Lymphocytes spanning the entire innate-adaptive spectrum can stably reside in tissues and constitute an integral component of the local defense network against immunological challenges. In tight interactions with the epithelium and endothelium, tissue-resident lymphocytes sense antigens and alarmins elicited by infectious microbes and abiotic stresses at barrier sites and mount effector responses to restore tissue homeostasis. Of note, such a host cell–directed immune defense system has been recently demonstrated to surveil epithelial cell transformation and carcinoma development, as well as cancer cell metastasis, at selected distant organs and thus represents a primordial cancer immune defense module. Here we review how distinct lineages of tissue-resident innate lymphoid cells, innate-like T cells, and adaptive T cells participate in a form of multilayered cancer immunity in murine models and patients, and how their convergent effector programs may be targeted through both shared and private regulatory pathways for cancer immunotherapy.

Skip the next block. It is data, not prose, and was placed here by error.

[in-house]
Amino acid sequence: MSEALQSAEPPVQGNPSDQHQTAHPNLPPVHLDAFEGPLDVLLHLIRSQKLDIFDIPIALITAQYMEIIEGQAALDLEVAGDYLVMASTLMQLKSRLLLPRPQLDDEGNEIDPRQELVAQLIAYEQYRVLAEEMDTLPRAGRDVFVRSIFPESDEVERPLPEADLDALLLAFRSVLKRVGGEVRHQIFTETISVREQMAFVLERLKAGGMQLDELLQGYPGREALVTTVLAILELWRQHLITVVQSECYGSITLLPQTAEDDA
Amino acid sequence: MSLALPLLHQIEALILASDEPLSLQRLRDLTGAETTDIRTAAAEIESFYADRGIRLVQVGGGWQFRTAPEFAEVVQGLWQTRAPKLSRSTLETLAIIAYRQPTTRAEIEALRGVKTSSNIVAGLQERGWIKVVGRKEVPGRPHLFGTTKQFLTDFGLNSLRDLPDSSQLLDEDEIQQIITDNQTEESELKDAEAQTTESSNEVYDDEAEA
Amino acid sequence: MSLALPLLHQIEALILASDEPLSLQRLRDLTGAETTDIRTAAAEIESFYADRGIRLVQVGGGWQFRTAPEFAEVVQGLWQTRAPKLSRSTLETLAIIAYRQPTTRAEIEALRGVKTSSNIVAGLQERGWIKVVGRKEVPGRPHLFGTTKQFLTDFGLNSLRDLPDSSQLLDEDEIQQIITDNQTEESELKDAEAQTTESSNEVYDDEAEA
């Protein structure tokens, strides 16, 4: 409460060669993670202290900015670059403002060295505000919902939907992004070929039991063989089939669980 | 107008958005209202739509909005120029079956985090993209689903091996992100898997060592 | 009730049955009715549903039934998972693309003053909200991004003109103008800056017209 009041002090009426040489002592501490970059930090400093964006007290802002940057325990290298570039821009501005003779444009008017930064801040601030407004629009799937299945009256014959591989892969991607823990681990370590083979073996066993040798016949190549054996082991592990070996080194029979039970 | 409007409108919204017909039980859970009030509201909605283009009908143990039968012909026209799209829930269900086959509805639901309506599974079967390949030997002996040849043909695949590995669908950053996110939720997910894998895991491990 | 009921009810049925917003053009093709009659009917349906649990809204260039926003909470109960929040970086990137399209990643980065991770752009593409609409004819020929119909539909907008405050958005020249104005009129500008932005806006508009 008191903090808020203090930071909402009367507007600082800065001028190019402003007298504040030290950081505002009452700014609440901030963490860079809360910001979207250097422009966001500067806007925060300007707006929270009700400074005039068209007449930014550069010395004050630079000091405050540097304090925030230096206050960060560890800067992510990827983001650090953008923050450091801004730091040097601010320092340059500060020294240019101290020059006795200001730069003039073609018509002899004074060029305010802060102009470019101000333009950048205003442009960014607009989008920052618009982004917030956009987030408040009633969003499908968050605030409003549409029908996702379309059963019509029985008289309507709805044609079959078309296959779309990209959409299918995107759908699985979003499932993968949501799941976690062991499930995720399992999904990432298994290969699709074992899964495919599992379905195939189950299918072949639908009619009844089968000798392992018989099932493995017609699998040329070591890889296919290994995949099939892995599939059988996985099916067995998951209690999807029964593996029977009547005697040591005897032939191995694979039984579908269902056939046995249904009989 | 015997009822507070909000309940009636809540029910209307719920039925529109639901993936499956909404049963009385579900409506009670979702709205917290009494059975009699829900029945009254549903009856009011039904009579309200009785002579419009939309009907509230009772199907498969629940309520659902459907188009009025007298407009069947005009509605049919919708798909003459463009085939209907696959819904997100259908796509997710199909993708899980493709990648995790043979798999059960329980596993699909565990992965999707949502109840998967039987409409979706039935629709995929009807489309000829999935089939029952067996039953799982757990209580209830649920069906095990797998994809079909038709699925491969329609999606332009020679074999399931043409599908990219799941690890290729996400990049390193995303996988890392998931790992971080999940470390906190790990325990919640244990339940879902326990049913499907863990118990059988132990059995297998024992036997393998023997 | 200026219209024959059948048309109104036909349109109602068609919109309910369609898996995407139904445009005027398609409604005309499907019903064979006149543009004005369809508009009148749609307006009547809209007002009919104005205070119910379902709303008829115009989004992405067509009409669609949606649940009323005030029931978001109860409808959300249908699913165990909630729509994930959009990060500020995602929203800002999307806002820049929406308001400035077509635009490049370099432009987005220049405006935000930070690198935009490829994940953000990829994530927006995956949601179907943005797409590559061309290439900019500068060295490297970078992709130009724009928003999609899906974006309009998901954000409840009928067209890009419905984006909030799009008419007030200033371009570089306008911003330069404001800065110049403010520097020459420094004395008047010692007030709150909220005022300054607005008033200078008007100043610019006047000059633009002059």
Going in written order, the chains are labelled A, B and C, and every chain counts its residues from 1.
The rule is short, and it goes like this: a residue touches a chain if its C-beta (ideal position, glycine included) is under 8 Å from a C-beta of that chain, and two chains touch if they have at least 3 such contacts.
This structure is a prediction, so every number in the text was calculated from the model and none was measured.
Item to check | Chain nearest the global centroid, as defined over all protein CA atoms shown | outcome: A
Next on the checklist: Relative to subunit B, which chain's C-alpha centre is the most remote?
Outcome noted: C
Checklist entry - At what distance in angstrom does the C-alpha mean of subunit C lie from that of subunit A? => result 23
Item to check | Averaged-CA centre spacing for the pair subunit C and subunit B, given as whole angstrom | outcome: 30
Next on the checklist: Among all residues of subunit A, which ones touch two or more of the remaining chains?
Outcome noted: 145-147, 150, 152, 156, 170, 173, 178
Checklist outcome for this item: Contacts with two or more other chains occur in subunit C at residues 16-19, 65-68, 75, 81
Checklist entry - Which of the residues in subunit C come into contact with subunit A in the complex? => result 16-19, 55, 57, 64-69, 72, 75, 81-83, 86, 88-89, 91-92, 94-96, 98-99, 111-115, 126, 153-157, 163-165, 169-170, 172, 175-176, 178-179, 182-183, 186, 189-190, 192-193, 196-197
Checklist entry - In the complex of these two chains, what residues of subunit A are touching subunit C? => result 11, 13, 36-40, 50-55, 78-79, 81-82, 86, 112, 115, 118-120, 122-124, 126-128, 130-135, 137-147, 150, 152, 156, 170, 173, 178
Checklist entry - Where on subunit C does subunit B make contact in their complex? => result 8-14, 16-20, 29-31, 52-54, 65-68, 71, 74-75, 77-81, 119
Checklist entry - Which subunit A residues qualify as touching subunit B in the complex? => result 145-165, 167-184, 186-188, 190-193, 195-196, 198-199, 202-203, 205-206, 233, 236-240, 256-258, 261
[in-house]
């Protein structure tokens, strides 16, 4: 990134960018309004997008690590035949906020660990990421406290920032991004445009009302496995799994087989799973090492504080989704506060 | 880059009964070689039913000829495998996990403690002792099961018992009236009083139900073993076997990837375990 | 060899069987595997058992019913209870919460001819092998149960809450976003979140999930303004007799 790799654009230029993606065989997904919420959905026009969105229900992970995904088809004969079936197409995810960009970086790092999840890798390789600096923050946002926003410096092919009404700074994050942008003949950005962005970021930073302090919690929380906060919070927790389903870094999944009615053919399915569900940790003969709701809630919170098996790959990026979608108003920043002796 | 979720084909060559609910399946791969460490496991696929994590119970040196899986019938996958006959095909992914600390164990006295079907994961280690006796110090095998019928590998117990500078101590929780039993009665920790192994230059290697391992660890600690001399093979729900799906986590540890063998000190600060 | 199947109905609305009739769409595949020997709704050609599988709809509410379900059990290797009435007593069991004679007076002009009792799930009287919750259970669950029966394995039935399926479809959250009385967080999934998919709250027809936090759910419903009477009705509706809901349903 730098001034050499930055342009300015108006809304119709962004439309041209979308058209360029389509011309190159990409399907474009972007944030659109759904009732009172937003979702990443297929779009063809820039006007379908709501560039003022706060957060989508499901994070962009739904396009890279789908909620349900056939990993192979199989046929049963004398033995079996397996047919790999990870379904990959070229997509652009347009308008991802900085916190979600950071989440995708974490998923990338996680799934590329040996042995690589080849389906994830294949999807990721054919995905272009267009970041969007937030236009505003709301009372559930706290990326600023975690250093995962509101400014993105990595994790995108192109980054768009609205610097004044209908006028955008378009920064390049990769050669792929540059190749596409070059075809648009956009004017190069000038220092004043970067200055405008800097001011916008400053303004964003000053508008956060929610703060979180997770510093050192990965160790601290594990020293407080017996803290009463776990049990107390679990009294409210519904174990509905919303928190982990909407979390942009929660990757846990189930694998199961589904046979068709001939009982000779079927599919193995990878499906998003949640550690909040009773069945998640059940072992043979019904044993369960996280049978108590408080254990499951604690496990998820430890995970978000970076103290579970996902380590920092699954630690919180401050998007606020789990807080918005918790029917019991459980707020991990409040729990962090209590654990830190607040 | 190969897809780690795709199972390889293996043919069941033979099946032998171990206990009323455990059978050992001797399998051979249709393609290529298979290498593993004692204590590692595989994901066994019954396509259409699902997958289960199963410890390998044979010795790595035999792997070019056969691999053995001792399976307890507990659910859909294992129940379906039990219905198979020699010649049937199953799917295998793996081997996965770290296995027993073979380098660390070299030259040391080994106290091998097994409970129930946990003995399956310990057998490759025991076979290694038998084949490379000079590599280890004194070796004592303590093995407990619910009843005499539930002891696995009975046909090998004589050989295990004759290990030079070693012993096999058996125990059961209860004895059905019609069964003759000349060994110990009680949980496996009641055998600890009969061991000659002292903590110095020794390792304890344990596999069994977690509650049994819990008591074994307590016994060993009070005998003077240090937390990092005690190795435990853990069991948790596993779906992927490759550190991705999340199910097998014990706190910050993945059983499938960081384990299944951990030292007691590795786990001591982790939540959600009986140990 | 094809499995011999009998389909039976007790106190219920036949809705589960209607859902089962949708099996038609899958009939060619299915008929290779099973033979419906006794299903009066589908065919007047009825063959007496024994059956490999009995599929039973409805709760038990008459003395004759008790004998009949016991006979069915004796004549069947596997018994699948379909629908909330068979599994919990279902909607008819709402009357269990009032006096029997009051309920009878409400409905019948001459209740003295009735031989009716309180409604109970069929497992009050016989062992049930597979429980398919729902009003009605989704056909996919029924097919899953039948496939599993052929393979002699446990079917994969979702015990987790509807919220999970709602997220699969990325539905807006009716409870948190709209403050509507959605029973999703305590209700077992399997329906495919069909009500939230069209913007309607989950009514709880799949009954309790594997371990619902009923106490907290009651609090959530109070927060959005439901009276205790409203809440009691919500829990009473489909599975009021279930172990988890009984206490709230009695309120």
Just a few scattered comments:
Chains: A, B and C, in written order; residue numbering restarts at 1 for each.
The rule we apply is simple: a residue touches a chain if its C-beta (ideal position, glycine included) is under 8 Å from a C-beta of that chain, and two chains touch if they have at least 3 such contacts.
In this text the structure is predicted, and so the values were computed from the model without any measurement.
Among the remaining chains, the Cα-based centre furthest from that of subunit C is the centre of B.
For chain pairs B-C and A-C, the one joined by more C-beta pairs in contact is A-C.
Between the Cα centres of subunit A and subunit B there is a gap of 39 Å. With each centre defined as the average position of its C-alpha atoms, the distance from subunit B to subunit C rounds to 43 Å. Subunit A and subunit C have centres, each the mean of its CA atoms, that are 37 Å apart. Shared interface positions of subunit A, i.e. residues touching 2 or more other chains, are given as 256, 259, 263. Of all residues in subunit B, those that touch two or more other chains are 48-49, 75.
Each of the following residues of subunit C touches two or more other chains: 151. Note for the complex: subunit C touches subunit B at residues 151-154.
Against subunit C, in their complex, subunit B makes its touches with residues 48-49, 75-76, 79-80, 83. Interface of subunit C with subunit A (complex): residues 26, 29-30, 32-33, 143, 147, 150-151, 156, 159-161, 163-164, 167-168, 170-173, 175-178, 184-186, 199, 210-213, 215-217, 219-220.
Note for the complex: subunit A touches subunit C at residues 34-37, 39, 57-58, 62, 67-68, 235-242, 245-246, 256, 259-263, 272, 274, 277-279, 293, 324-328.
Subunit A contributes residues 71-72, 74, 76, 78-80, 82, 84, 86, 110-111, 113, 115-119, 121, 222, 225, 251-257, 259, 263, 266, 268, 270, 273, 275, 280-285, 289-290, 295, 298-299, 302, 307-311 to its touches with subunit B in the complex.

Expected final online publication date for the , Volume 42 is April 2024. Please see http://www.annualreviews.org/page/journal/pubdates for revised estimates.


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  • Article Type: Review Article
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